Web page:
The forests in most countries around the equator, such as the Brazilian Amazon, have suffered greatly, even though they are vital to life on Earth. In the 1960’s they were cut down to make way for cattle ranching and crop cultivation. At that time, governments were quick to loosen their restrictions on protected lands to benefit from high beef prices, driven by the growing fast food industry and foreign agricultural interests. Thanks to funding from McDonald’s, Burger King and Wendy’s, governments were able to give subsidies to local farmers to burn down sections of the rainforest and make room for cattle pastures, as well as cultivate large quantities of crop such as soybean and African palm.
As commerce expanded in tropical regions during the 1970’s and 80’s, transportation projects, the lumber industry, and the need for new fertile soil for crops were culprits to even more deforestation. Within four decades of 1960, people had cut down about one-fifth of the Amazon, which is the largest continuous forest on the planet and responsible for providing around 20 percent of the Earth’s oxygen. All rainforests around the equator suffered greatly. In 2004 deforestation rates started to slow significantly, yet today oil drilling threatens what is left of fragile rainforest lands.
It’s time to lift our blinders and acknowledge something that we all already know: trees are VITAL to the current of life on Earth. They sequester carbon dioxide gasses out of the atmosphere; they produce oxygen needed for human survival; they play an important role in the rainfall cycle; they keep our soil fertile and prevent erosion; they protect and nurture millions of animal and insect species – including us humans! Never mind the beauty and magnificence that they bring into our holographic reality, and the joy one can find when sitting under a tree to enjoy a picnic or book.
Don’t Expect Someone Else to Fix the Problem
Sadly, governments around the world are not equally concerned with the environment as they are with economic growth, security and societal power. Lawmakers are easily swayed by corporate interests to ensure growth and prosperity based on short-term economic measurements. With each day, more environmental rules are put into place to protect the planet’s fragile resources, yet not so long ago policies completely ignored the detrimental effects of cutting down large areas of tropical forests. Even new rules are many times ignored, or corporations given a reprieve if they break the rules in the name of “public interest” (aka corporate growth).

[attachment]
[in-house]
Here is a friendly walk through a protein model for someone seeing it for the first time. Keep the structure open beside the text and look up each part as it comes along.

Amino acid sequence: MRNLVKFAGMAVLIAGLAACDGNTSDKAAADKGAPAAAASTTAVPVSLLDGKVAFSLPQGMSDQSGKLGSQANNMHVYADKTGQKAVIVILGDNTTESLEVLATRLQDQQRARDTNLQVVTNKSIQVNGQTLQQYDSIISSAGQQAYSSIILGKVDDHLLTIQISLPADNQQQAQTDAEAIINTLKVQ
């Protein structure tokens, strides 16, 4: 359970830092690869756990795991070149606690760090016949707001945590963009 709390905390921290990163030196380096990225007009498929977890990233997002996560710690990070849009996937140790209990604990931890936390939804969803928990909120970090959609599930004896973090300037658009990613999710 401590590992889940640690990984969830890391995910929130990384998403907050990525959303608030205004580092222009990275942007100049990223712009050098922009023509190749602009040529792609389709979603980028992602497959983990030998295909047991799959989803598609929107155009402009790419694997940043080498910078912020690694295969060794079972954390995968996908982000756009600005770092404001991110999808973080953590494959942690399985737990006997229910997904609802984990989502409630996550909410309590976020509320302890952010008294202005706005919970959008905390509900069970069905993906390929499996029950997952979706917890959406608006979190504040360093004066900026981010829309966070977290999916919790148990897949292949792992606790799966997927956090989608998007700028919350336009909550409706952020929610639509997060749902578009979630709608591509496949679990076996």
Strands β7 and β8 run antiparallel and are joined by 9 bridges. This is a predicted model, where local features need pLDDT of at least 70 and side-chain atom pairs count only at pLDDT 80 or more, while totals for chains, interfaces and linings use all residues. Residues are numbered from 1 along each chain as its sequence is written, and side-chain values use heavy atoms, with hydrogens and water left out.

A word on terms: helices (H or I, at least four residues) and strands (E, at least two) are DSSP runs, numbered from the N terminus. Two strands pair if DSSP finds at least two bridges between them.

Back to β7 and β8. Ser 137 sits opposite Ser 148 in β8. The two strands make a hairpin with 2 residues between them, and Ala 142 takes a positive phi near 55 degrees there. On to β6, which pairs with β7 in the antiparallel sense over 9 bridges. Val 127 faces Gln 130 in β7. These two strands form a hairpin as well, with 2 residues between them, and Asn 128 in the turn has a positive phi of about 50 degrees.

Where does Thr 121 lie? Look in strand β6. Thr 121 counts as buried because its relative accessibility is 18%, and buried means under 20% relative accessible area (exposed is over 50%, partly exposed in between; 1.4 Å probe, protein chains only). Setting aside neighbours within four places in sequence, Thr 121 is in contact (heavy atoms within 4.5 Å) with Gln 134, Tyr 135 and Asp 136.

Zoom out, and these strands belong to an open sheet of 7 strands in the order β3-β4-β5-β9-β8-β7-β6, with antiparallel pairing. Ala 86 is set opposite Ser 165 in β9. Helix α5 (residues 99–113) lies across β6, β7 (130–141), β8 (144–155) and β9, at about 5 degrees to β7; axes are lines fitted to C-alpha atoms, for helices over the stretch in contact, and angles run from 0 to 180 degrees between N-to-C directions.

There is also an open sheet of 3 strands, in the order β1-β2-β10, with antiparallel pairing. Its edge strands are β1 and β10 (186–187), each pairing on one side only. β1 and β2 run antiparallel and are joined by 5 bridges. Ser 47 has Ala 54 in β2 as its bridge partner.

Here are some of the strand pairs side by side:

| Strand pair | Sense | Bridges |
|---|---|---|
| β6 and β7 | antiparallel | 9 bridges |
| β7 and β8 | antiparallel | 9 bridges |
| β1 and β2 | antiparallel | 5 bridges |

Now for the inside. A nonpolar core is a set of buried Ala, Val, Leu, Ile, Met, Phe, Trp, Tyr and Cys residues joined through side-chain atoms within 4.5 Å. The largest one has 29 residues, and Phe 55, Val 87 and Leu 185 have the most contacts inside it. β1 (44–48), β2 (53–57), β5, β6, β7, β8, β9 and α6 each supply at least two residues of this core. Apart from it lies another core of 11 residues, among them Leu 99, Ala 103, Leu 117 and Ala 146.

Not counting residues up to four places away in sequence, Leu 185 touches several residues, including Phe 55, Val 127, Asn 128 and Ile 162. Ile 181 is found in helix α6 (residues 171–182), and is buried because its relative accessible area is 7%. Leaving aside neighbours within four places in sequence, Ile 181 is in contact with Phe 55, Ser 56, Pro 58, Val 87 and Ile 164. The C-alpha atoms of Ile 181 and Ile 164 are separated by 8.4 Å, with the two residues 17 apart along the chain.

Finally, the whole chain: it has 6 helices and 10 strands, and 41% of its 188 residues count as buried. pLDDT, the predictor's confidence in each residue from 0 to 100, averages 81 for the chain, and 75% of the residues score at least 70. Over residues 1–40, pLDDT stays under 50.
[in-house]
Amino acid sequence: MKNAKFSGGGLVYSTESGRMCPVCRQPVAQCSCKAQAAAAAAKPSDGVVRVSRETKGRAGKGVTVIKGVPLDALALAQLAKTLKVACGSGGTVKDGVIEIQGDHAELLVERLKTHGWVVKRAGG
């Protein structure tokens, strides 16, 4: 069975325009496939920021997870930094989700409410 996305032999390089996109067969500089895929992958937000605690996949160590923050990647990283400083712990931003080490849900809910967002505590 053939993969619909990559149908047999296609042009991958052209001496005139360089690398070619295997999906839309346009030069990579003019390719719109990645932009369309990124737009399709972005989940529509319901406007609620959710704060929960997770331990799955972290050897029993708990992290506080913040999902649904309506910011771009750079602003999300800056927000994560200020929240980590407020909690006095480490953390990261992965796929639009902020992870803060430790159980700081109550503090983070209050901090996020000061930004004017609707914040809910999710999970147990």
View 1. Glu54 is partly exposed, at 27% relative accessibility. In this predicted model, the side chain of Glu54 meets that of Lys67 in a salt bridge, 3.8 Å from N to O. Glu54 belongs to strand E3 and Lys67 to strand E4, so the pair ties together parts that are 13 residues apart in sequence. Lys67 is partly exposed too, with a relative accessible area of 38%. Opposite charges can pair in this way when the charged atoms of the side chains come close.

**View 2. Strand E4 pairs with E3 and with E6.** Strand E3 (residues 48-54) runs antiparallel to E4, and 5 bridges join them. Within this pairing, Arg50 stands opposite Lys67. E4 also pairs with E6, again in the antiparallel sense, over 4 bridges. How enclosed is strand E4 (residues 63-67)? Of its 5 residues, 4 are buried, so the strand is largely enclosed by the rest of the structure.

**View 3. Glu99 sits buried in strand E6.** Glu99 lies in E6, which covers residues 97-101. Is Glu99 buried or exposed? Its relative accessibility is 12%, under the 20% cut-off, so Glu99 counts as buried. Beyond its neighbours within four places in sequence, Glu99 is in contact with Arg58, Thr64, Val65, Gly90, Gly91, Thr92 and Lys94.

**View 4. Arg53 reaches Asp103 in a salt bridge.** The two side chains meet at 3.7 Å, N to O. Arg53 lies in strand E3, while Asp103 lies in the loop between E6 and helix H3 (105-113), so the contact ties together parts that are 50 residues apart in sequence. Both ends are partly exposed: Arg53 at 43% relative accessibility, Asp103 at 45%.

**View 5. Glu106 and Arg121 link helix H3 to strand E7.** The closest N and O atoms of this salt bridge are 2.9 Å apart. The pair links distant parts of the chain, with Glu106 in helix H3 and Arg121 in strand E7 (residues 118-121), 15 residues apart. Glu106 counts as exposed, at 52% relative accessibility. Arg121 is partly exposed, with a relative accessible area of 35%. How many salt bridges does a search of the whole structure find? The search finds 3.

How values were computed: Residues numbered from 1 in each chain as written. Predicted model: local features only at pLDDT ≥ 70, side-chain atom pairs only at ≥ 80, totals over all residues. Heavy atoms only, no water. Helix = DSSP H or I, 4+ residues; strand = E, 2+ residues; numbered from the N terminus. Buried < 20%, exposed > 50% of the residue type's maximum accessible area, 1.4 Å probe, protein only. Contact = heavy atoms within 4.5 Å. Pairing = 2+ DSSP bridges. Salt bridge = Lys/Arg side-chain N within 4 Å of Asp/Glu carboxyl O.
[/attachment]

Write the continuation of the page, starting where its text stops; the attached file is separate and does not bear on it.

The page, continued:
While mainstream media gives the impression of a rising environmental awareness on the part of industry and corporations, once one takes the time to research outside of the mainstream, s/he often finds that experts and lawmakers are lobbied to satisfy corporate interests and paint a picture that conceals the dismal health of our planet.
When it comes to reforestation, less-wealthy governments have been receiving some money from first-world conservation organizations with the purpose of planting trees, yet these funds are rarely funneled into real communities and little focus is given to bio-diversity. A large share of funds gets tied up in bureaucratic administration of reforestation efforts. What is left is put into reforesting areas that are already protected, but little is done about the barren lands in local communities that now suffer due to the decisions of their grandfathers to accept subsidies in the 1960’s and burn down primary rainforests.
Why does Deforestation Affect All Life on Earth
On a local level, deforestation in countries such as Ecuador, Costa Rica, Nicaragua, Brazil, etc, has resulted in the following:
After years of crop cultivation, little shade and decreasing animal activity, the soil is dying, and thus it is increasingly difficult for communities to grow their own food.
Because of poor soil, farmers use fertilizers and herbicides, which are toxic to the environment and all living things.